Tuesday, April 26, 2011


Have you ever played the game Scrabble? You remember how the game goes. . . dozens of beige wooden tiles spread out on the board. Each is impressed with a letter of the alphabet. Each letter is assigned a value. Infrequently used consonants have the most worth. You choose seven tiles at random and try to make words with your alphabet concoction. Shuffling letters back and forth, you arrange them into whatever combination of nouns, pronouns, verbs, adverbs, adjectives, or prepositions your tiles reveal. Not just any word will do, you want to put the most valuable word down, because the Scrabble board itself is a matrix designed to reward your ability to put the right words in the right place. Also, you must find ways to connect your words with the words of others in the same game.

For me, the writing process is much like Scrabble; it's about using letters to make words, but not just any words. I want to put together as few words as possible that merge into thoughts and perspective that capture my experiences on the matrix board of living out life.

So I shuffle words. Write them down. Read them. Reread them. Rewrite them. Edit them for grammar and spelling. Then, return to them again, and again to censor what I've written! Why? Journaling usually has a lot of ME in it and could be interpreted as narcissistic. Understandable. Perhaps it is.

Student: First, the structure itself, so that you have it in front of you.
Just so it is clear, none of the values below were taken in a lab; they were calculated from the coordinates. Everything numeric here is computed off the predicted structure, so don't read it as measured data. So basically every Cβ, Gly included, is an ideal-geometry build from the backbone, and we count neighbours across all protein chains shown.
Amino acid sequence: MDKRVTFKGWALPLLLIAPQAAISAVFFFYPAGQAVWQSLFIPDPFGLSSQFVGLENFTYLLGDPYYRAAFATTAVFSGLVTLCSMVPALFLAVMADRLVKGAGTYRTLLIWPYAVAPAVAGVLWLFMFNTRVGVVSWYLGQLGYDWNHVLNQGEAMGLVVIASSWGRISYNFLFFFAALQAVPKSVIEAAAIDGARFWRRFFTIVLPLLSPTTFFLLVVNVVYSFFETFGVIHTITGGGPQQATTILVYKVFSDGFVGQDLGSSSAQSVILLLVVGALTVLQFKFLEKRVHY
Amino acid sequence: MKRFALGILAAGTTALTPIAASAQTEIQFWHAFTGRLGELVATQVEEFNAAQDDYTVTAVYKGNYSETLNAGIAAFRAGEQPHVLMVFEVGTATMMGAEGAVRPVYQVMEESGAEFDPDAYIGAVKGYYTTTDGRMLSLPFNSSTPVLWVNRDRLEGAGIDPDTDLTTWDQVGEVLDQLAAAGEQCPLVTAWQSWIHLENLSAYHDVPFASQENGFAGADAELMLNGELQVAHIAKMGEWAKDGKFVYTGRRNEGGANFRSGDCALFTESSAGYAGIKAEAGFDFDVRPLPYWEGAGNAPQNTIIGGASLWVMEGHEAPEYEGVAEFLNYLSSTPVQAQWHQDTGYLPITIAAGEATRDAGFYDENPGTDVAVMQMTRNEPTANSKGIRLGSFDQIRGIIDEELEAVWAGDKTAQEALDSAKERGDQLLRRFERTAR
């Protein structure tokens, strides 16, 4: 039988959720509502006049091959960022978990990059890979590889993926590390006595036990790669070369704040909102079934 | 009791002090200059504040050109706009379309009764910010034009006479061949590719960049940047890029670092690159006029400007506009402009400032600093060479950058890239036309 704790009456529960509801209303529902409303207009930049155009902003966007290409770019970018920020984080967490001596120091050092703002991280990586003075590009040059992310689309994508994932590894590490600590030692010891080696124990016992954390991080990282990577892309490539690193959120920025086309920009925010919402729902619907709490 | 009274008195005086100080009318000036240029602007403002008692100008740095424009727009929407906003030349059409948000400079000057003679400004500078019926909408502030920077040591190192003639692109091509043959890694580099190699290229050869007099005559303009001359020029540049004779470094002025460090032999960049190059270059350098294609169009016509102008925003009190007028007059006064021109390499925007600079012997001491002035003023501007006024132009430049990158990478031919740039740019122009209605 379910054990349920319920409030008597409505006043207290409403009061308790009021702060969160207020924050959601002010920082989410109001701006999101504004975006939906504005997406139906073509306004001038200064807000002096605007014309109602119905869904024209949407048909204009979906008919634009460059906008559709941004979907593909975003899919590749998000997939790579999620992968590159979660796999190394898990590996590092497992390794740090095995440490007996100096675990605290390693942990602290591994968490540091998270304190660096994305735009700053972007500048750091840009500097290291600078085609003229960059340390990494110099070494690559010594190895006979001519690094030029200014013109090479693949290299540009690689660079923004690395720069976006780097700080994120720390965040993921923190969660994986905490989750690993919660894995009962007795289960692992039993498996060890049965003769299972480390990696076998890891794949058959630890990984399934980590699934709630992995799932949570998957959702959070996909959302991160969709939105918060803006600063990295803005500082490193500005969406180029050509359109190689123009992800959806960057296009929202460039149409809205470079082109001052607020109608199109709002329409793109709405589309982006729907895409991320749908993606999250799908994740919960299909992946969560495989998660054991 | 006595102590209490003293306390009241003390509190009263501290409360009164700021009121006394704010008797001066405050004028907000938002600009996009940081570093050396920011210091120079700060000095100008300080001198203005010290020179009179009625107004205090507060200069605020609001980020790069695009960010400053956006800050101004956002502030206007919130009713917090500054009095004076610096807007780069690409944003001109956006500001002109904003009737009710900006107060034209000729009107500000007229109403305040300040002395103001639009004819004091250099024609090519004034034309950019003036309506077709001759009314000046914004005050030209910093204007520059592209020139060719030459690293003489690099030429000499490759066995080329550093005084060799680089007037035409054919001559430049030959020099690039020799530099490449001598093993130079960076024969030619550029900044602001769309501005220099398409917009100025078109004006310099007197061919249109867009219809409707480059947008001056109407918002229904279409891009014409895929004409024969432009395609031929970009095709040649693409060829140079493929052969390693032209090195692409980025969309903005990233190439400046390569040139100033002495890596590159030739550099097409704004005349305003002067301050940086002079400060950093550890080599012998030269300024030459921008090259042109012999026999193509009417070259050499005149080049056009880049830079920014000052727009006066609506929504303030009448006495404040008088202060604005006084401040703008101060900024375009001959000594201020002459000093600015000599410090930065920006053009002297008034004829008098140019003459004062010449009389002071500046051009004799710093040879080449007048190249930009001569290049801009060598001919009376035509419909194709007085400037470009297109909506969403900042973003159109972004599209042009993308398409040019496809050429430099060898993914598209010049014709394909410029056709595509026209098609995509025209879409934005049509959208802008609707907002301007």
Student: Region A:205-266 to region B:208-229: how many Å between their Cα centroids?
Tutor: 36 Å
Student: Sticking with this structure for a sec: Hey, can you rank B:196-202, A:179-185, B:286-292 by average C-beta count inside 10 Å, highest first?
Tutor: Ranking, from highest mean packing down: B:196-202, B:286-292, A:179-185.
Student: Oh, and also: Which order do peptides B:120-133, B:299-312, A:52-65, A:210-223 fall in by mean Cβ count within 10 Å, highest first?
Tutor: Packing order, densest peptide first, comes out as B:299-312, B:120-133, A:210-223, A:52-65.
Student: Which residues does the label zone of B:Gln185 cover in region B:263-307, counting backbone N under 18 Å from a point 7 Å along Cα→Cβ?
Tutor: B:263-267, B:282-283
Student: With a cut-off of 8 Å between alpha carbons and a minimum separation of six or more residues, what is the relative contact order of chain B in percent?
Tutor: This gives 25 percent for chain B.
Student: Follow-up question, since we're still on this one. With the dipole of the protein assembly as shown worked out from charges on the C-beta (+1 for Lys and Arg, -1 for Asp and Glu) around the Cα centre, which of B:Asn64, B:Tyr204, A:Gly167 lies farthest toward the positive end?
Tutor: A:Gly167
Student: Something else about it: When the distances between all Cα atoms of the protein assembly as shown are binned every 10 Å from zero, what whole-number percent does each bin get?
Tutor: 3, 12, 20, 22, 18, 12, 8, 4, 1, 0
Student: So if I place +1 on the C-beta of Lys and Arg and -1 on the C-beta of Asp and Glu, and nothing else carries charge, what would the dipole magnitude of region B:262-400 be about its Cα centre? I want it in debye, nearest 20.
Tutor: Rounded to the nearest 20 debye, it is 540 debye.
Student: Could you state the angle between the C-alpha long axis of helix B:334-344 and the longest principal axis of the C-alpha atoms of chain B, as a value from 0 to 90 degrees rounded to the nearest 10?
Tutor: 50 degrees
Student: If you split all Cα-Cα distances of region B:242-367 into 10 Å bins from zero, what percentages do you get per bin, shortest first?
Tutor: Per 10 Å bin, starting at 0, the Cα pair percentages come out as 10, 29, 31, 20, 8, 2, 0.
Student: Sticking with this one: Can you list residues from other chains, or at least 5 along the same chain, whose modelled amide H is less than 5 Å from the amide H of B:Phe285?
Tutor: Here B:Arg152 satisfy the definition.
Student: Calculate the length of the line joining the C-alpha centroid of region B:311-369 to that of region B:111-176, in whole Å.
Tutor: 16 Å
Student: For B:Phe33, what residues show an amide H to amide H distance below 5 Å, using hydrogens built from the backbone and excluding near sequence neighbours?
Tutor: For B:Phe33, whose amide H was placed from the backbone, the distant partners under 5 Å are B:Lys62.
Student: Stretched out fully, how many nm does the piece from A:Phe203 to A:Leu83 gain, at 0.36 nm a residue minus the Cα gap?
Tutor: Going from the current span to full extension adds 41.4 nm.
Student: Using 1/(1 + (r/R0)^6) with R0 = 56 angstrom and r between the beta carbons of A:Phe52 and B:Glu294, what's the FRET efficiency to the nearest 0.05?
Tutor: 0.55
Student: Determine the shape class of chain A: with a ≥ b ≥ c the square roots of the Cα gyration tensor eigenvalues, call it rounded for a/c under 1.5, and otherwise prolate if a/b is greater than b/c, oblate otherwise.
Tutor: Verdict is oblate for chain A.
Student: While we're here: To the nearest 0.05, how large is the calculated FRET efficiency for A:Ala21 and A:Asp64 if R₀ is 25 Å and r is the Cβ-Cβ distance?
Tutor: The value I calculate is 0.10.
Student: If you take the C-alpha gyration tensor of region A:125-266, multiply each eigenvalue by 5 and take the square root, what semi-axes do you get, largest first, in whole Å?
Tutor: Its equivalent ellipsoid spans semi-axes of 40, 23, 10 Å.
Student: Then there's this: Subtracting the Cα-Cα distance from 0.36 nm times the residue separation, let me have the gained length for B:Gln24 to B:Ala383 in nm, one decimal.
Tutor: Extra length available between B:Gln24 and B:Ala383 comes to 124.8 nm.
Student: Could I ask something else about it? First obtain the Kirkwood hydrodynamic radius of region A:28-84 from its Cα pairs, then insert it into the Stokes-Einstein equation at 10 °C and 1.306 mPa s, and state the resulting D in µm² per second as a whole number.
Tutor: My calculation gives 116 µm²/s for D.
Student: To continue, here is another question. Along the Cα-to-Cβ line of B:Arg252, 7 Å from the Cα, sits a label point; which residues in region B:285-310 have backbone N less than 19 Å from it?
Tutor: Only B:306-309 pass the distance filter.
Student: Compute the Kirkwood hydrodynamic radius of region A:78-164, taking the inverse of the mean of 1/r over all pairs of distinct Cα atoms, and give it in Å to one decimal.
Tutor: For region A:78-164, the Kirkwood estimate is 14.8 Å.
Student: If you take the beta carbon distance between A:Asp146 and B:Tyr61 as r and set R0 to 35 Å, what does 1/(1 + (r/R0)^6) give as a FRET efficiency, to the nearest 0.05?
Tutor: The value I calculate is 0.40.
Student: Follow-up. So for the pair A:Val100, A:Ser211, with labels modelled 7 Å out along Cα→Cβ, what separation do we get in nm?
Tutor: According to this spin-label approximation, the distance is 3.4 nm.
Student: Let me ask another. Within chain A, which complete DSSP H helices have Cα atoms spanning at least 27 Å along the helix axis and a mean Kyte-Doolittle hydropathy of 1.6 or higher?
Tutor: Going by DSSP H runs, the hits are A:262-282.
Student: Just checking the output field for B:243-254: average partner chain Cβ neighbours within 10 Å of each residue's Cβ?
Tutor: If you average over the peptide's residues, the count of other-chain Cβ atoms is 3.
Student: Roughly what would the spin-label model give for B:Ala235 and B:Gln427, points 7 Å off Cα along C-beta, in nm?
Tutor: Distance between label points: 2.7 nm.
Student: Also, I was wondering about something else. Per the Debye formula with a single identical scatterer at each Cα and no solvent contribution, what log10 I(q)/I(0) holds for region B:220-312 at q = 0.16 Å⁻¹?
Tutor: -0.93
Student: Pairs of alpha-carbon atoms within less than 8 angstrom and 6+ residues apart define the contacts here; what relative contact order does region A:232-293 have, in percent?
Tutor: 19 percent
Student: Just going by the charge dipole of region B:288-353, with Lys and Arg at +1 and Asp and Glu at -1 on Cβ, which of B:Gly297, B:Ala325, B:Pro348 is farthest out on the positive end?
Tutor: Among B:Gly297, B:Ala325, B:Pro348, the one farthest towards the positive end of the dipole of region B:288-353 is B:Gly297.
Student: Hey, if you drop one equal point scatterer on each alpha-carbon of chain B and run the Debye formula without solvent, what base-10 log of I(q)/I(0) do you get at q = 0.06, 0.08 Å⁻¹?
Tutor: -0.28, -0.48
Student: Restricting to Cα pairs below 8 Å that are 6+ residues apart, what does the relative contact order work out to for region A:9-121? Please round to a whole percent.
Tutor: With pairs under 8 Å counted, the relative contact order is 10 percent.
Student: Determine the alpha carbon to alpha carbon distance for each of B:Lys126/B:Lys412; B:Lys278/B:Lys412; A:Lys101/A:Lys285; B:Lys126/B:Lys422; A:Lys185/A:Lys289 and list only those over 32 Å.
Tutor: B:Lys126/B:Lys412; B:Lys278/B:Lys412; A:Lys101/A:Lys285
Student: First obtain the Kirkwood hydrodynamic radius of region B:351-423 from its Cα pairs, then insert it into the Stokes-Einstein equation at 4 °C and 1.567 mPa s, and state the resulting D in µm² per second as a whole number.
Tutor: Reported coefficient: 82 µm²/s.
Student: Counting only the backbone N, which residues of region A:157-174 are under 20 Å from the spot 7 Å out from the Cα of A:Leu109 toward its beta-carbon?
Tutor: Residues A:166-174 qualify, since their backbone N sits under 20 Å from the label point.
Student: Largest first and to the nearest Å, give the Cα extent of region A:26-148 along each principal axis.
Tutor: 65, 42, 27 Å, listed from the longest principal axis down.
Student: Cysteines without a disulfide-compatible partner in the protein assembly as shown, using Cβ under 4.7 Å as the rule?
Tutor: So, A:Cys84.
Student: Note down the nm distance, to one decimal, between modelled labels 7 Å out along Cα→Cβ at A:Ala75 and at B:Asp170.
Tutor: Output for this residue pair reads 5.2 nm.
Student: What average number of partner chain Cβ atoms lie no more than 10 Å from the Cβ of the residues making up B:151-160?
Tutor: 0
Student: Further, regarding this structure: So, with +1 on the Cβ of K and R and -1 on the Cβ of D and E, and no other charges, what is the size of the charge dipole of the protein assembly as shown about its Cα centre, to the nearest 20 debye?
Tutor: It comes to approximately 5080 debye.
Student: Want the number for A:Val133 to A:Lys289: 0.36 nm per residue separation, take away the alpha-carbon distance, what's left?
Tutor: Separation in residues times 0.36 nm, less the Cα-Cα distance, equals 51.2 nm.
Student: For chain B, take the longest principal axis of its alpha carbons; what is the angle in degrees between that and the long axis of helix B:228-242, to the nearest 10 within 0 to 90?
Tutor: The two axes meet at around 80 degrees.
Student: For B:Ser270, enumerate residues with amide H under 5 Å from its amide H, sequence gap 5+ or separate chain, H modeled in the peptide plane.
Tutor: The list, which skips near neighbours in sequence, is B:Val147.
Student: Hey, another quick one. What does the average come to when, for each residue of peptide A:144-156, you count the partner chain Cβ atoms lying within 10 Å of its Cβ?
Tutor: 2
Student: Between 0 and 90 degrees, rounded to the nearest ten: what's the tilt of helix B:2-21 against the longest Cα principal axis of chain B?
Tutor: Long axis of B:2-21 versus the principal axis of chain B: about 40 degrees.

OK, call me stupid, but how do you master the art of writing about your life and journey without writing about your life and journey? Communicating what speaks to your senses, and what speaks to your spirit just can't be completely stuffed away in your inner space. Deep inside, your life--anyone's life--is a story worth telling. Writing builds a connection between people who may not even know each other.

A friend of mine, who also loves to write, described journaling succinctly, Writing cleanses the soul. All would probably agree on this one thing . . . the soul can become choked, cluttered, scattered, badly soiled and in need of cleansing. Writing leaves me feeling cleansed, yet choosing the words is a difficult process. I can arrange consonants and vowels into any form from any words in the English language. I can even put down words that would be best left off the board.

That being said, I am reminded of Sandy and me playing Scrabble with Justin and Josh when they were just kids. They could not resist the urge to put words like snot, poop, boogers, fart, peeing, puking, etc. on the board. . . they thought they were being funny. On second thought they, too, were using cleansing words.

Anyway . . .

Scrabble, anyone?

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